Those supporters who bemoan that the President should “get off Twitter” miss the point. He does not need to be “on” the platform. His is a politics of trolling, in which the divide between on and off-line worlds is irrelevant. The country is not polarized as a matter of course, and constant invocations of this sentiment render polarization as a state of nature rather than a human construct. Trump “fishes for flames” or an “incensed response,” as scholar Whitney Phillips describes the origins of trolling. Trump is a troll par excellence, sowing distrust and hatred as a means of “governing” (or more accurately, un-governing). It is his bread and butter. To seek any alternative is beyond his capacity or desire. And in so doing, he has tapped into something that few will still acknowledge.
Ours is world in which we don’t have to “use” or “be on” social media to be inhabited by it. Twitter, Facebook, Instagram and so on, are not online entities, sequestered in cyberspace apart from our lives, but tangible forces that animate our lives, shape our politics––and most significantly, increasingly configure the nature of the political public sphere. It is a condition that I describe in my book, Contemporary Art and the Digitization of Everyday Life, in which digitization represents not a technology or tool but a mindset and worldview in which the rhetoric of techno-utopianism is continuously invoked in order to conceal its coercive power and toxic downsides. At the same time, the pleasures and conveniences afforded to us lead to what I describe as a form of voluntary servitude, in which the belief in free participation, leads to an abandonment of our bodies, minds and psyches to the whims of a “mass manipulation business mode,” to cite technologist (and avowed techno-skeptic) Jaron Lanier.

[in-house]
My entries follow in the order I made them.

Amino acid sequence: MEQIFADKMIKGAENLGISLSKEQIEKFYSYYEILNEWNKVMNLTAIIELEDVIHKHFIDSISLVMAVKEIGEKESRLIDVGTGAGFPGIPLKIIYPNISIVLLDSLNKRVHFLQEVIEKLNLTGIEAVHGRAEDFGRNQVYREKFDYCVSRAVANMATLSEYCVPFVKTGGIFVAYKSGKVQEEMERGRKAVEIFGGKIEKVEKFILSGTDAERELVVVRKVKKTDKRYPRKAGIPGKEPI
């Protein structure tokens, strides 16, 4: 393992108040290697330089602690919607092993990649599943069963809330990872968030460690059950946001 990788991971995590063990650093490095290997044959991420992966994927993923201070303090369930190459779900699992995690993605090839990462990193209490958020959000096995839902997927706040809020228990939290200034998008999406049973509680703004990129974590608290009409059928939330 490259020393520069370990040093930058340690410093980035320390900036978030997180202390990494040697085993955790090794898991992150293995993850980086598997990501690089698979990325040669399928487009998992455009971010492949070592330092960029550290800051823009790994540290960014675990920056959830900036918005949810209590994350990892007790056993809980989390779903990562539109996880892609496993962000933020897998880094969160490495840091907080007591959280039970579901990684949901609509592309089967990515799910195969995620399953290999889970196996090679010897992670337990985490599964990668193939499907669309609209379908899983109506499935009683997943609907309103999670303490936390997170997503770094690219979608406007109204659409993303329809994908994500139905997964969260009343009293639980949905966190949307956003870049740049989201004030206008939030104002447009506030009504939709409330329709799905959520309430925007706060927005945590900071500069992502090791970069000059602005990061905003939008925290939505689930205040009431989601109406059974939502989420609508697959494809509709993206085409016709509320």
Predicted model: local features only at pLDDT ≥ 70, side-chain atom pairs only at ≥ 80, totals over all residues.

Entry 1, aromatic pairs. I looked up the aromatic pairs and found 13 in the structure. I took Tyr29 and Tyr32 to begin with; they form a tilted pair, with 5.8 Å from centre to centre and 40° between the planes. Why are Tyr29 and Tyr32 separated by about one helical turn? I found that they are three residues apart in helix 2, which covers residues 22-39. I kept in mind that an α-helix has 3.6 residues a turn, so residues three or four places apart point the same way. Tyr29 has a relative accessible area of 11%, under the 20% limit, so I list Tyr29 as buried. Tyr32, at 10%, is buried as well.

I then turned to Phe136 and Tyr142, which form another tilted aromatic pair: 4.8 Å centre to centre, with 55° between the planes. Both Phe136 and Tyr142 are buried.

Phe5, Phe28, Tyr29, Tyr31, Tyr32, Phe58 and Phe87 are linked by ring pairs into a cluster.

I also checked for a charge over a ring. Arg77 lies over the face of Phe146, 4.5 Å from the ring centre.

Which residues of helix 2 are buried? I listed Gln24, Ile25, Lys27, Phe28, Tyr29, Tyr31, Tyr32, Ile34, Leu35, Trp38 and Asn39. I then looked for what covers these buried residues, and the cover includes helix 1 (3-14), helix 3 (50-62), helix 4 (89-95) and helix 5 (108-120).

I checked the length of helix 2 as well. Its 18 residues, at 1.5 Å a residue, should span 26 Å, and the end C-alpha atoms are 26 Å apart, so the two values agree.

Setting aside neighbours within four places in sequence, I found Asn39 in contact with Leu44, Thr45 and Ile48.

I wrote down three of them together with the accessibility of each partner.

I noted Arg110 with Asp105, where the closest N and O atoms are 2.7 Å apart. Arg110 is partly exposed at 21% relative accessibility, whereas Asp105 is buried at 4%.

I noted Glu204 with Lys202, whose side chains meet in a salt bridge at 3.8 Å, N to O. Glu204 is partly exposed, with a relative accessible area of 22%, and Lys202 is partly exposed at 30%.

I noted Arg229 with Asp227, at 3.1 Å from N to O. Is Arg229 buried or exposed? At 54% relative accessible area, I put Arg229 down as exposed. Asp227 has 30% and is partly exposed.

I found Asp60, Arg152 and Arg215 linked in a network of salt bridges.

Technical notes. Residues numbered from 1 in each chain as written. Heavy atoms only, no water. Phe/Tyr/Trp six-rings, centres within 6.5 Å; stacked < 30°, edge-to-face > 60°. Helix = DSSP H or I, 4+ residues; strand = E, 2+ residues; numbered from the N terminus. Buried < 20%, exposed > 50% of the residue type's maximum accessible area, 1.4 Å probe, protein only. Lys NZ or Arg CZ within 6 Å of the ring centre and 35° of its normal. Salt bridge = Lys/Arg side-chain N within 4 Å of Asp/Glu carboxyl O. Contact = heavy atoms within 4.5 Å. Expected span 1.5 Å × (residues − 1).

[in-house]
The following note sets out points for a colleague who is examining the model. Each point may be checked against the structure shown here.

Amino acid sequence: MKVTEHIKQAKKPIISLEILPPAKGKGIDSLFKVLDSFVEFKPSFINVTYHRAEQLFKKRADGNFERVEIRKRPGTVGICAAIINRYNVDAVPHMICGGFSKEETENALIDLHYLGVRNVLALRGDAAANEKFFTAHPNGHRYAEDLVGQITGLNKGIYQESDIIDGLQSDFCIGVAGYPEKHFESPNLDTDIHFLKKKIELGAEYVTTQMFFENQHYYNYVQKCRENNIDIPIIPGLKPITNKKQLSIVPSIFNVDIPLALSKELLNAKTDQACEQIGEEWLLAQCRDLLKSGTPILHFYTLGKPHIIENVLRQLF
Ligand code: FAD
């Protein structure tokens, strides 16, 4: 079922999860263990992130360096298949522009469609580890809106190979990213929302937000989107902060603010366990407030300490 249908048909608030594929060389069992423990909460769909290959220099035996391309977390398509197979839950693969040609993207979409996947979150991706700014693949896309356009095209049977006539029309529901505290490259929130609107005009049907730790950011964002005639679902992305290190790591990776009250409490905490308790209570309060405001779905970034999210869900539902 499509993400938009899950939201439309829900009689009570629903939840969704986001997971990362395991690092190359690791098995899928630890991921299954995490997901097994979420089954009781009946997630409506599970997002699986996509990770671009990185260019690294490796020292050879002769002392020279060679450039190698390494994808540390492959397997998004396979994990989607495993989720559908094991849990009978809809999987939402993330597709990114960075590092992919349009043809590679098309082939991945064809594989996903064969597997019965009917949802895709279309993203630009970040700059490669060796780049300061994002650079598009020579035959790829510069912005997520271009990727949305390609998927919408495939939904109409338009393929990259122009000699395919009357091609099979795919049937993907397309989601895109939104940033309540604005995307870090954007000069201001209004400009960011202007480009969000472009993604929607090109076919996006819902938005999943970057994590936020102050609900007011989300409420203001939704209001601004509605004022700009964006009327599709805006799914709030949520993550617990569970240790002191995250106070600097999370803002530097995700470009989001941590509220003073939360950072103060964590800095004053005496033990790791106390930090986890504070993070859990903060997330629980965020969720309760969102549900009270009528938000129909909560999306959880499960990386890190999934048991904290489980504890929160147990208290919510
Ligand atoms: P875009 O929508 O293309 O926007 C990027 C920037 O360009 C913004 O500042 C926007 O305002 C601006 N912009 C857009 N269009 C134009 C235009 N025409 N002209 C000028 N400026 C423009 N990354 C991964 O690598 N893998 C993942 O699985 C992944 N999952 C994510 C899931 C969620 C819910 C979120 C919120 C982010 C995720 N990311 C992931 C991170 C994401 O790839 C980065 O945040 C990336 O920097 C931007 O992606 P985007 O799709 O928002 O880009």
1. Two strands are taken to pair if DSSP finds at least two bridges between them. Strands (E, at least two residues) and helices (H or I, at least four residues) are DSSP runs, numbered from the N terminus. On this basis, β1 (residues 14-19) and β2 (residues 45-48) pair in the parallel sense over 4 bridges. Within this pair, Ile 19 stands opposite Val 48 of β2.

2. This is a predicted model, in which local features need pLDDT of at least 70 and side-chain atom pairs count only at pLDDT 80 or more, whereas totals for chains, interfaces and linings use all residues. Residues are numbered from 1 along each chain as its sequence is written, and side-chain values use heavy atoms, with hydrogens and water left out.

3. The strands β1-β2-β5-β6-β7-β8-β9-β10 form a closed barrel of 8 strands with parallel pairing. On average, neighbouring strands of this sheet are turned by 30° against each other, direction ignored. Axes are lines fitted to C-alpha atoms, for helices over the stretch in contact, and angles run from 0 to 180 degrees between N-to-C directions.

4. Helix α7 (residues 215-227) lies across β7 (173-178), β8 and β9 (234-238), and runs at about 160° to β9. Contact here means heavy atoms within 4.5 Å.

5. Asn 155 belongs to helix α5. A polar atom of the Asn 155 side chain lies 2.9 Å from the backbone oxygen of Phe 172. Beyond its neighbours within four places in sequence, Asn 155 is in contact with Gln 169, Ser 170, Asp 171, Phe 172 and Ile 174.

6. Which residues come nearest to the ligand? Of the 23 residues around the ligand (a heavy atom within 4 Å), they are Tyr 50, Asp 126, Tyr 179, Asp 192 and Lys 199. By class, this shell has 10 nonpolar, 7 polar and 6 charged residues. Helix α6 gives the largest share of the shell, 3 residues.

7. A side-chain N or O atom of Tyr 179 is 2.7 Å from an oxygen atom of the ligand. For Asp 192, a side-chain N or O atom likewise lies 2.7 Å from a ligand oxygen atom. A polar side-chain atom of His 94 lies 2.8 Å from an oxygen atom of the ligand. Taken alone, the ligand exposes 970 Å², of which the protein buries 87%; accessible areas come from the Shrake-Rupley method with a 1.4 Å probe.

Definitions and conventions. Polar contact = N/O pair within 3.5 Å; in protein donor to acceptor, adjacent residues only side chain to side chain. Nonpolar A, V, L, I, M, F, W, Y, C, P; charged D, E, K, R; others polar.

Twitter is a perfect example. It facilitates Trump’s politics of division because it is designed to do so. It parses and fragments us into micro-communities that in turn are subjected to its predicative algorithms that shape behavior. As countless studies have shown, social media platforms are designed to “engage”: a term that sounds benign, but that most frequently entails the amplification of negative emotions. The Republican shibboleth that social media “censors” or sidelines conservative voices is preposterous on its face: as Twitter, Facebook, YouTube and the rest do the exact opposite. They have fundamentally facilitated the growth and reach of the outrage politics of the right that began decades ago (long before Trump) with Nixon’s and Reagan’s dog whistles and Patrick Buchanan’s race baiting, to name a few. (Recall that Reagan’s launched his first campaign for President in 1980 in Philadelphia, Mississippi, the site of the brutal killing of three Civil Rights workers in 1964, with a speech about “states’ rights,” the call of the Dixie democrats who opposed any civil rights protections and who would move into the Republican fold in part due to the hand Reagan extended to their racism). Jack Dorsey and Mark Zuckerberg hide behind the shield of Section 230 of the 1996 Communications Decency Act that has allowed their platforms to grow entirely unregulated, while fostering a propaganda campaign that conceals their power and promotes the fallacy that they are simply defenders of “free speech.” (And recent reporting on Zuckerberg’s November 2019 dinner with Trump and conservative backer Peter Thiel only further reveal the extent Facebook’s founder is willing to go to accommodate––and potentially help re-elect––the President if it serves his corporate interests). Dorsey and Zuckerberg are making fortunes off the back of our democracy, turning us into digital subjects rather than autonomous agents. They are co-opting our identities.
The United States has long maintained an almost religious faith in information; just set it free and egalitarianism will take root. But as one Black mother during a recent Kansas City protest laments, “I am tired of my people being just a hashtag. I’m tired of them showing our lynchings on social media.” Her comments prompt the question that resonates within these repetitive images: by watching these horrific recordings, do we truly see them?